3 Reasons Investors Should Love Broadcom's Management

Technology giant Broadcom (NASDAQ: AVGO) has delivered a lot of value to its shareholders over the years, thanks to a growing portfolio of strong technology franchises, shrewd management of that portfolio, and a capital allocation strategy that is extremely shareholder friendly.

Broadcom wouldn't be where it is today without a highly capable and focused management team at the helm. To that end, I'd like to go over three specific reasons that investors should be happy with the individuals who are running Broadcom.

1. Extreme focus

Broadcom's strategy is a very simple one to articulate: It maintains a portfolio of best-in-class technology franchises and, when the opportunity arises, it uses its considerable financial wherewithal to augment that portfolio through acquisitions. Broadcom then processes the acquired asset -- keeping the parts that fit in with the company's overall portfolio strategy and then discarding the portions that simply don't.

While the strategy seems simple, a key strength of Broadcom's management team is that it sticks to the script. The company doesn't waste shareholder money on projects and businesses that have a relatively low chance of providing a financial return in the near to medium term. If Broadcom is interested in entering a market, it'll simply buy the market leader in that field.

What this ultimately means is that Broadcom runs a tight ship, spending exactly what it needs to ensure it's fielding best-in-class products to the customers that matter, but no more.

2. Shareholder friendly

Broadcom's management and board of directors is exceptionally shareholder friendly. The company's current capital return policy is to give back half of the free cash flow that it generated in the prior year during any given year. Since Broadcom's free cash flow has been growing at a rapid clip, this has translated into massive growth in the company's dividend.

Many other large and successful technology companies also pay dividends, but a number of of them tend to give back significantly less than half of their overall free cash flow generation in the form of a dividend. Indeed, it's not uncommon to see successful technology companies focus more on share repurchases than on dividends, as share repurchases can help a company report higher earnings per share (EPS) for a given level of net income. However, dividends put cash straight into shareholders' pockets, while share repurchases don't necessarily do so. (It's not uncommon to see companies announce and execute large buybacks when their share prices are on the decline.)

Put simply, Broadcom's capital allocation policy is very shareholder friendly and serves to make the stock attractive to more income-oriented investors.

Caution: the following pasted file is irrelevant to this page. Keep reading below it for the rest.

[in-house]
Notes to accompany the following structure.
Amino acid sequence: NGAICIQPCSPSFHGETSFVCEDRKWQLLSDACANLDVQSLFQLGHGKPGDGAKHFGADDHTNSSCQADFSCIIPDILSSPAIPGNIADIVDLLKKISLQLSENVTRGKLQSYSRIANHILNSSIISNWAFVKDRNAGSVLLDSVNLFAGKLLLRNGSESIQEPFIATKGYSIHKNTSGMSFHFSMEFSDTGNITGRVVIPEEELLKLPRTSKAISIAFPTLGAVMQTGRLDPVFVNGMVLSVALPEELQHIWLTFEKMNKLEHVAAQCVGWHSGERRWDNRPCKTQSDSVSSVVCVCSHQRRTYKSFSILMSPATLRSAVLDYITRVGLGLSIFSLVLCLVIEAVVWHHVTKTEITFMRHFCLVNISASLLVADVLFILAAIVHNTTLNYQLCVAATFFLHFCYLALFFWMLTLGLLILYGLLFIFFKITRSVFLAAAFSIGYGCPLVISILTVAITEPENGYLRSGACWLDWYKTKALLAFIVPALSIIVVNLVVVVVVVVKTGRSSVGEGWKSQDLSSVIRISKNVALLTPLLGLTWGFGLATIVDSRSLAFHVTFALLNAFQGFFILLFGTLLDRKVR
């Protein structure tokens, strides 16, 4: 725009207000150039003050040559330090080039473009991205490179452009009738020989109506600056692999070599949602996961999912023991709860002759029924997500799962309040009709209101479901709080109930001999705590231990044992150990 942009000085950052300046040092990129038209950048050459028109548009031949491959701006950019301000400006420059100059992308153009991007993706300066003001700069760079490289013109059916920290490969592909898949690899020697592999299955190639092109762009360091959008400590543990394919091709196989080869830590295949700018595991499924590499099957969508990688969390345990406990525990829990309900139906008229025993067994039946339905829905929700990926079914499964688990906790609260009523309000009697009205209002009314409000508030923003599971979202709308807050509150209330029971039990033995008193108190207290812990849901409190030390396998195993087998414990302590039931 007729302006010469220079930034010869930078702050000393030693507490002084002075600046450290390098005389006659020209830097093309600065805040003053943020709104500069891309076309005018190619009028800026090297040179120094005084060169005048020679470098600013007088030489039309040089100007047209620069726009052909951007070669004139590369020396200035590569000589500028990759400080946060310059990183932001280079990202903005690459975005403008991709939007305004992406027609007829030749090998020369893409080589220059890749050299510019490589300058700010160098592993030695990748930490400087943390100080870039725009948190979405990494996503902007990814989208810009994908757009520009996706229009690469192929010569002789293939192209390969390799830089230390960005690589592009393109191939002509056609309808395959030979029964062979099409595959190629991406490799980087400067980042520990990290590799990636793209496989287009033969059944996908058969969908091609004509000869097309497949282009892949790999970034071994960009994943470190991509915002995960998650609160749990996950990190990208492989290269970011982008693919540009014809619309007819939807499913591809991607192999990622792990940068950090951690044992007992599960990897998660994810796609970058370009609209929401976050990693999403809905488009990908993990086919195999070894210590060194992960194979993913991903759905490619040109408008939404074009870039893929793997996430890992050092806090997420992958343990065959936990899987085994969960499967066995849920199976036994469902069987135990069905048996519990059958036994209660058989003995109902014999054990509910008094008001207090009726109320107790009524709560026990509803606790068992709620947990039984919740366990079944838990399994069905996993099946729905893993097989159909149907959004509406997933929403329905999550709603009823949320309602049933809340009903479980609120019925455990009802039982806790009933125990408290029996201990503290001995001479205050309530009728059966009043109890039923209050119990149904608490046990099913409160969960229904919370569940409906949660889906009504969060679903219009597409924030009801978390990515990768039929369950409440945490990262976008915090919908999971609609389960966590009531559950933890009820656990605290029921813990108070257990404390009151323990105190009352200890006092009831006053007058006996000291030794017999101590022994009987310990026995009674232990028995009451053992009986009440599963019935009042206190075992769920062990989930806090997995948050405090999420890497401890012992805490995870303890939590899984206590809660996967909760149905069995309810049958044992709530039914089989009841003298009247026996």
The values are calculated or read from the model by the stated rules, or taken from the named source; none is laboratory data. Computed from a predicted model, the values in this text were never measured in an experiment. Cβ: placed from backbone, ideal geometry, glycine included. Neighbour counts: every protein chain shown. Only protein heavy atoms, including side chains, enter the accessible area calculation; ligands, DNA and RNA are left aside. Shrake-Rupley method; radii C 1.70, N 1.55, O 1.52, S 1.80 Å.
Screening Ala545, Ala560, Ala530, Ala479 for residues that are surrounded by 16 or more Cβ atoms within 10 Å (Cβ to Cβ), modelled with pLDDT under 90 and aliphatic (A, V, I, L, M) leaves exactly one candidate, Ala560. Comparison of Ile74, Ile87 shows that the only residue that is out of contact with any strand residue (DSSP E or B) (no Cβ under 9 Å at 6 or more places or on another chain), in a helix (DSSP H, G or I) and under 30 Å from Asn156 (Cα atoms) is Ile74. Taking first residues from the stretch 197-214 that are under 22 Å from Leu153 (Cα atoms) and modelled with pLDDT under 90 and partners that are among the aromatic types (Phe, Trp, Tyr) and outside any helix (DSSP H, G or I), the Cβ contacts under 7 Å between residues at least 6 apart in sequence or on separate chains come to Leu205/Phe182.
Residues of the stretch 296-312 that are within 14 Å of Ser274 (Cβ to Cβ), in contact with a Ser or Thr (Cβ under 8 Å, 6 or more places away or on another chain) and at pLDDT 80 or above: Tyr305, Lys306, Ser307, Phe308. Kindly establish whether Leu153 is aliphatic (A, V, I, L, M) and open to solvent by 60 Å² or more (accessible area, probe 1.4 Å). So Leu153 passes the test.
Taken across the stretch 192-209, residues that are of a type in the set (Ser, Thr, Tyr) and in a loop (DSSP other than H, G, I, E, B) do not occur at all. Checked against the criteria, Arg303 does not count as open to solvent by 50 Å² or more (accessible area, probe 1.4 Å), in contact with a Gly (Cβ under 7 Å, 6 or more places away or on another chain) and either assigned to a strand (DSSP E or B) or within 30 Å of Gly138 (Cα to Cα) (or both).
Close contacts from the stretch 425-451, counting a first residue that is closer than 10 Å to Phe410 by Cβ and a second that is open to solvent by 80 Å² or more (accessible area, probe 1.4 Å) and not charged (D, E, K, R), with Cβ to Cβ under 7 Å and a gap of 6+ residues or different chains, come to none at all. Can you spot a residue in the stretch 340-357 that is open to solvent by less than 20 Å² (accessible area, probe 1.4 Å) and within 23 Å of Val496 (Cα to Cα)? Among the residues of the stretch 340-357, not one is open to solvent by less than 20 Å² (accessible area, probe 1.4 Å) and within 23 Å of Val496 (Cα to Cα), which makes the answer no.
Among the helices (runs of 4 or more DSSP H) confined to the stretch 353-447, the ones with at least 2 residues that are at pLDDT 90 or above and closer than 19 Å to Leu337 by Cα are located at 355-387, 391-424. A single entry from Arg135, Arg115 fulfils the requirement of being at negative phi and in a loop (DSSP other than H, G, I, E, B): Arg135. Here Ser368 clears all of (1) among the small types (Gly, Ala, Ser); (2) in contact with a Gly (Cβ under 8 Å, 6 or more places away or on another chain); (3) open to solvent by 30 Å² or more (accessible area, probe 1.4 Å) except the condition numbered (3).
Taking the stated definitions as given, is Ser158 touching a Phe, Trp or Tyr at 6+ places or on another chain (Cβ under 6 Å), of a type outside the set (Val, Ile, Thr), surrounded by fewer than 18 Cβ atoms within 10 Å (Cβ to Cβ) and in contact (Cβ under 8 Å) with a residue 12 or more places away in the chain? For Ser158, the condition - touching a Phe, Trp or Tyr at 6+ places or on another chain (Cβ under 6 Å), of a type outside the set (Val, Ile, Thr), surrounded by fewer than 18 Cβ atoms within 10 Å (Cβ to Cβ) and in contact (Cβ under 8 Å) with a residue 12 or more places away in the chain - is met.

3. Thinking ahead of the market

When Broadcom announced its acquisition of mainframe software maker CA Technologies, many in the investment community were left scratching their heads. The shares dropped significantly in value following the announcement of the deal, and many analysts at the time were quite negative, with downgrades seemingly pouring in.

Broadcom's management seems to have had the last laugh, though.

In hindsight, the deal looks very savvy. After some smart cost-cutting, it looks like CA Technologies is going to have quite a positive impact on Broadcom's bottom line, with management targeting at least $2.5 billion per year in operating profit from it. Given that Broadcom paid $18.9 billion for the company, and given Broadcom's strong track record on delivering on its acquisition promises, it won't be long before this deal has more than paid for itself.

Broadcom's management has consistently shown that it's not only competent, but that it's also often several steps ahead of the market. That kind of acumen is exactly what's needed to run a business that consistently delivers excellent financial results and shareholder returns over the long term.

Investor takeaway

Broadcom is a great company that's run by a phenomenal set of leaders. Ultimately, most investors don't have the luxury of being able to control the decisions that a company makes -- they need to trust that the management team in charge will make the best decisions possible to deliver solid shareholder returns. Given Broadcom's business performance, stock price performance, and excellent capital allocation policy, the company's shareholders should be able to sleep tight knowing that the business that they own a part of is in very good hands.

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Ashraf Eassa has no position in any of the stocks mentioned. The Motley Fool recommends Broadcom Ltd. The Motley Fool has a disclosure policy.